Blue Sky thinking: Lessons in Liberty and Legacy16th April 2013

“Economics are the method; the object is to change the heart and soul.” [1] So said one Margaret Thatcher, two years into her premiership. For all the plaudits and protests of the last week, I initially had trouble recalling my views on her. With her funeral today it is time I got my act together!

I was in a meeting a mere 100 yards from the Ritz when the news of her death there came through. As someone who feels incredulity at the political offerings of our time, I am never surprised at others’ strong opinion, whether fashioned from full or selective memory; after all, democracy is often described as the “tyranny of the majority”.[2]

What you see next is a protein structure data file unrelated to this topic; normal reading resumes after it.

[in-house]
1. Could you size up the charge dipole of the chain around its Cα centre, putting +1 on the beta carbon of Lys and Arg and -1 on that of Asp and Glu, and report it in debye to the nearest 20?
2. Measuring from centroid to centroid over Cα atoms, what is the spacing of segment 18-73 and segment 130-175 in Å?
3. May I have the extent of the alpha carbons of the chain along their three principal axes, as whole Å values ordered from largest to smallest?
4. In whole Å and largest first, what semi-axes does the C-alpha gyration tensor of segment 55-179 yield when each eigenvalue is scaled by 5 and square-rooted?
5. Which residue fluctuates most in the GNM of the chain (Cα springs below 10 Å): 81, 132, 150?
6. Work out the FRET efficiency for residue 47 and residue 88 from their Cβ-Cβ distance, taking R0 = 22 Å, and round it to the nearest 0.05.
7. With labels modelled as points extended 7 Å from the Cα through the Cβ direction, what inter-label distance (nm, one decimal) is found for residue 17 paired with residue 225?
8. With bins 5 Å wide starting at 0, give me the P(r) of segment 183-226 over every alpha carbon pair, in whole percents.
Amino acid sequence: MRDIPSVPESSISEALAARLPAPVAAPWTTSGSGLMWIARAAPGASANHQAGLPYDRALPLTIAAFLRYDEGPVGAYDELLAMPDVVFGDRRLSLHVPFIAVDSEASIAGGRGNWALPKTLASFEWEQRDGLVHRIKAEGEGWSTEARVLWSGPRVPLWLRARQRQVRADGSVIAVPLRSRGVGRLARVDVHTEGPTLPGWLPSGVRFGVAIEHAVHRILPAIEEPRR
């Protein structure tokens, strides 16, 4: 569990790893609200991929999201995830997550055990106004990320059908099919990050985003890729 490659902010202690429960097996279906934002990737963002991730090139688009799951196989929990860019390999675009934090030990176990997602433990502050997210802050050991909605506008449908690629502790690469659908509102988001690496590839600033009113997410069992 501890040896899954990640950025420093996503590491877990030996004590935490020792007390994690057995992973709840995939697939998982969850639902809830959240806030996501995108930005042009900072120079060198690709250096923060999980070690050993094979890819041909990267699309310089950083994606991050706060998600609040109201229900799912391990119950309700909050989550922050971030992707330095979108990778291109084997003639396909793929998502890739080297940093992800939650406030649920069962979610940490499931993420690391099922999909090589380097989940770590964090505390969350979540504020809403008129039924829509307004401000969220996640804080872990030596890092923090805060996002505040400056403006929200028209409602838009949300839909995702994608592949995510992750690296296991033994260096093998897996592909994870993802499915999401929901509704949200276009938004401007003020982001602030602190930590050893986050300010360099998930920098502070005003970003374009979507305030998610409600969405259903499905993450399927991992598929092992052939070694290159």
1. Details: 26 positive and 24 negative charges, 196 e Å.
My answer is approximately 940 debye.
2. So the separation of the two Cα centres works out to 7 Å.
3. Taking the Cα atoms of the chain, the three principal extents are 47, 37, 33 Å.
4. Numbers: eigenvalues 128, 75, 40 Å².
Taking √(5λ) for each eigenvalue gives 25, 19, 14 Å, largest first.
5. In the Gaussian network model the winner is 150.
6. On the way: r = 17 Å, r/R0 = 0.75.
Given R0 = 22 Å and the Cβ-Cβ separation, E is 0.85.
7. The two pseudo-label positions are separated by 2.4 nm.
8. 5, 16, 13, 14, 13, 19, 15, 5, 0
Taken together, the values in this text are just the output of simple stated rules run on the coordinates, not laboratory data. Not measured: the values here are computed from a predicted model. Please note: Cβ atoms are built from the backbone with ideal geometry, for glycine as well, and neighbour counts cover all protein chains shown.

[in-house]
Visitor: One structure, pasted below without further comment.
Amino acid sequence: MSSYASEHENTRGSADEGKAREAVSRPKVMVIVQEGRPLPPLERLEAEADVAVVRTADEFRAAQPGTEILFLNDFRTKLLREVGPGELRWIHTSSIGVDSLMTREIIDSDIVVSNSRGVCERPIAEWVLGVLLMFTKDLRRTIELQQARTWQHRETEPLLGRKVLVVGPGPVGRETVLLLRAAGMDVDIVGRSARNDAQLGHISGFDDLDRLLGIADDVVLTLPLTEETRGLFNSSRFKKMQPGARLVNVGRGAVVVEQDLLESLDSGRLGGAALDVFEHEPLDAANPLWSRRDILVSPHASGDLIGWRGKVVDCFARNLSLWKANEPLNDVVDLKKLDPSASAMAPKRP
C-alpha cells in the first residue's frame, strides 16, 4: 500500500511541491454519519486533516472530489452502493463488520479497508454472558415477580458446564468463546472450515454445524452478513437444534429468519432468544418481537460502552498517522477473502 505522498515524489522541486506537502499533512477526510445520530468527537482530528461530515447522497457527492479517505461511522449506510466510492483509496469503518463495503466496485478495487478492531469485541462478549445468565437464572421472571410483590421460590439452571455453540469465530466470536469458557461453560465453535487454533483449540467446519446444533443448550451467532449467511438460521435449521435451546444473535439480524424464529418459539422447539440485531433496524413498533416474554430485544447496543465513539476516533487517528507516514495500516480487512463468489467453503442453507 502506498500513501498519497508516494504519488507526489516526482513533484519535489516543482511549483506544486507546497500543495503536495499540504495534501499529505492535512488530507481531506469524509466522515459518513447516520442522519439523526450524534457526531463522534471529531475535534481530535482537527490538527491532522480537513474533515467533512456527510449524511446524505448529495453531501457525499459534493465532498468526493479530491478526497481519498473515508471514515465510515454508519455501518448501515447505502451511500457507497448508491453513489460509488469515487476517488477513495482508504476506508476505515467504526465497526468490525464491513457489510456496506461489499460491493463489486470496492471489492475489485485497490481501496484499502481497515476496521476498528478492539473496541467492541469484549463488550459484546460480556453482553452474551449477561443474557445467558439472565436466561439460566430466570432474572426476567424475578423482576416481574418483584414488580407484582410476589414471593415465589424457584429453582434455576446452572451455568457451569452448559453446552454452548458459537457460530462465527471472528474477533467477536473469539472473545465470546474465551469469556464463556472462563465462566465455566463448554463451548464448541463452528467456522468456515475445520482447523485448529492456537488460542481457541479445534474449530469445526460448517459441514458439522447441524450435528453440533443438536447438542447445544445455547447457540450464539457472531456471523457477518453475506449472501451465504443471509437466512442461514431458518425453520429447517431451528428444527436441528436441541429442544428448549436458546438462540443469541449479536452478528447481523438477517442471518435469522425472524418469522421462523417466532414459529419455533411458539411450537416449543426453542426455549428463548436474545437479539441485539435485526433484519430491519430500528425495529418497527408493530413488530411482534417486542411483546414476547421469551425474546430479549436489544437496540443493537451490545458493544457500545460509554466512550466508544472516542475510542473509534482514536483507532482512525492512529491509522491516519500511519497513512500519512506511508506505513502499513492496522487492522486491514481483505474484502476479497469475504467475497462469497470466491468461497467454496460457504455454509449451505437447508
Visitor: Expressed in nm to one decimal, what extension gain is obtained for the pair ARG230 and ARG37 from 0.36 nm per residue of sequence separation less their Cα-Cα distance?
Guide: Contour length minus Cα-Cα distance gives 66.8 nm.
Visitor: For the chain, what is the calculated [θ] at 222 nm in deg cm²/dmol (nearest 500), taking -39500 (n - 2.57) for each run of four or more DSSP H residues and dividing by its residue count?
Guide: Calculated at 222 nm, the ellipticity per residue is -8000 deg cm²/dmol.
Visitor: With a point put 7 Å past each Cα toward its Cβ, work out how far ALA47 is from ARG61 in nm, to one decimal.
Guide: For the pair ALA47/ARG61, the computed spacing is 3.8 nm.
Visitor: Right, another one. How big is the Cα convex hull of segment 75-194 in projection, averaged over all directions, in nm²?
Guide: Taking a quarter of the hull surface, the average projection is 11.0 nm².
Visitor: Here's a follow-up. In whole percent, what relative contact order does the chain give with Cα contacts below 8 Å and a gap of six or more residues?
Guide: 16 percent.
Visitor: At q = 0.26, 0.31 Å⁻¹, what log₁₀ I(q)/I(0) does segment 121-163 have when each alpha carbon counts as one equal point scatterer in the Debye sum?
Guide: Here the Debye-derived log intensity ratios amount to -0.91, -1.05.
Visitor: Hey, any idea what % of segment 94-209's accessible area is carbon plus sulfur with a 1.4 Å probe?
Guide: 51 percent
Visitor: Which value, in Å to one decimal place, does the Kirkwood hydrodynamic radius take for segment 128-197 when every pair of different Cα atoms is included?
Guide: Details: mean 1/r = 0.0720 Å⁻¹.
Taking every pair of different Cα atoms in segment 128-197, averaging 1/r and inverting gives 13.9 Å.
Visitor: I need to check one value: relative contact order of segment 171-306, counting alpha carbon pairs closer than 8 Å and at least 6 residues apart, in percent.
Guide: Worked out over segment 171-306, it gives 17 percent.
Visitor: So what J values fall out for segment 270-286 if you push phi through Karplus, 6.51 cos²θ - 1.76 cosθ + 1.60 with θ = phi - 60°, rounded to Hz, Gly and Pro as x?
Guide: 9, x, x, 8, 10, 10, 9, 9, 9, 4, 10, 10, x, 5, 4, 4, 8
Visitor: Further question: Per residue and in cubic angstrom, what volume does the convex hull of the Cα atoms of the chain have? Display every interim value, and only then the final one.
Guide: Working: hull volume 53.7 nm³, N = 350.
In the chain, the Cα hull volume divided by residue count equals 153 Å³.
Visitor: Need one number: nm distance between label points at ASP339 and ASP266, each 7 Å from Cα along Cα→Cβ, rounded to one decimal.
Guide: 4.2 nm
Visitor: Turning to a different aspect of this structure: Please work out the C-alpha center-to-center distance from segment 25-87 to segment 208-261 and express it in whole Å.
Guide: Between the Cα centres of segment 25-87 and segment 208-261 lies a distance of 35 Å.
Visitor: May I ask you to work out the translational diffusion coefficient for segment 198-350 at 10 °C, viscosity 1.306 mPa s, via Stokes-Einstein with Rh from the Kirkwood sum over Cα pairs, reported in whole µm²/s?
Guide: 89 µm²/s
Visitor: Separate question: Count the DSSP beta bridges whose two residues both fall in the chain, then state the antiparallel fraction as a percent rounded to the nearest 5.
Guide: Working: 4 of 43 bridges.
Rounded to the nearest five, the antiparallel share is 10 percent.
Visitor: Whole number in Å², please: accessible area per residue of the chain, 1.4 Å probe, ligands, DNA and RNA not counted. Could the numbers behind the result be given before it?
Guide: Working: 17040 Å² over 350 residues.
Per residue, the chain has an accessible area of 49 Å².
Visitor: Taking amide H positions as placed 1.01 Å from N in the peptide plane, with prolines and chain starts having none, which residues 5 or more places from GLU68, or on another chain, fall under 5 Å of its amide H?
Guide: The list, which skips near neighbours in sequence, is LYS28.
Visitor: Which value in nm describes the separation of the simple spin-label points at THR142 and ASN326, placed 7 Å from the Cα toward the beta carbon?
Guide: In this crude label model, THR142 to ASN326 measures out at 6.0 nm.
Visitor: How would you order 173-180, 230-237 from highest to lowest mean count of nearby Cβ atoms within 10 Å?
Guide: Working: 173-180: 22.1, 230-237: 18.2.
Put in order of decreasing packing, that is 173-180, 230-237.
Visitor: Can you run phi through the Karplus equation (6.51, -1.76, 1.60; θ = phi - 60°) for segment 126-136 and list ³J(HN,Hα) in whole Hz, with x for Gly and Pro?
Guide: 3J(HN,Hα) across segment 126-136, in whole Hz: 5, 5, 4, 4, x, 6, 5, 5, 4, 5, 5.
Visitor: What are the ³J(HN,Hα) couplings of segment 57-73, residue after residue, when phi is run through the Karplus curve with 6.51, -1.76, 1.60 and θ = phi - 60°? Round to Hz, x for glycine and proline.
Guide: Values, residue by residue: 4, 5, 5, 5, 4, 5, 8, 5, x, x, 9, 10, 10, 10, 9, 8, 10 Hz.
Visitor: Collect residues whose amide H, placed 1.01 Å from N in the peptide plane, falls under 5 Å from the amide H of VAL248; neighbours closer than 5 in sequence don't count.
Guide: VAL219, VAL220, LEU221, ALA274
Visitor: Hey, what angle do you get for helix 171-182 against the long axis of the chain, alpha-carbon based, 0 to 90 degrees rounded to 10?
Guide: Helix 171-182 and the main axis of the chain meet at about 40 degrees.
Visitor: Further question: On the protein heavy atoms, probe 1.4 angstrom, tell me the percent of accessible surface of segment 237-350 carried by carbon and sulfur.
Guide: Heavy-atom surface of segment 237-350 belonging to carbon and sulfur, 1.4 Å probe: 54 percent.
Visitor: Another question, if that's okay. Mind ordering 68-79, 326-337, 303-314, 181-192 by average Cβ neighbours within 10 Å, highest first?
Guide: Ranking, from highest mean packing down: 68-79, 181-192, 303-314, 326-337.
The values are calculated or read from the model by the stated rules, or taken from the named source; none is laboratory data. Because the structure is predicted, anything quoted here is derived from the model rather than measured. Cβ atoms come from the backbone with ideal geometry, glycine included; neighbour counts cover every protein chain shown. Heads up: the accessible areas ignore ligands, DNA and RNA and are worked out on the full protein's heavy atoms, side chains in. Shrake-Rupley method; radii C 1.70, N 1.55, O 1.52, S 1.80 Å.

What were the ‘70s like before she came to power…?

I grew up in a good home, feeling grateful that we had a coal-fired Rayburn, for we were able to enjoy cooked food at a time when others had cold. When my age could still be counted on two hands, I recall that the winter of 1972 saw electricity switched off as power was rationed typically for half the morning, afternoon and evening. The winter of 1974 saw the Three-Day Week, where commercial users could only use power for 3 days per week. In both cases millions of workers were laid off.

Back then even TV channels closed down at 10.30pm to conserve power. Today the TV stations remind us that if you wanted a telephone in the ‘70s, or wanted to move a phone within your own home, you joined a waiting list. Remarkable.

Of course the ‘70s were most memorable for soaring inflation, peaking at 25% in 1975, but averaging 13% across the decade. That almost sounds manageable, but try compounding it year after year and you’ll find that at 13% a year prices more than TRIPLED in just ten years. In contrast, prices more than doubled during WW1, and rose by over 50% during WW2, so for this trauma to occur in peacetime something must have been terribly wrong.[3]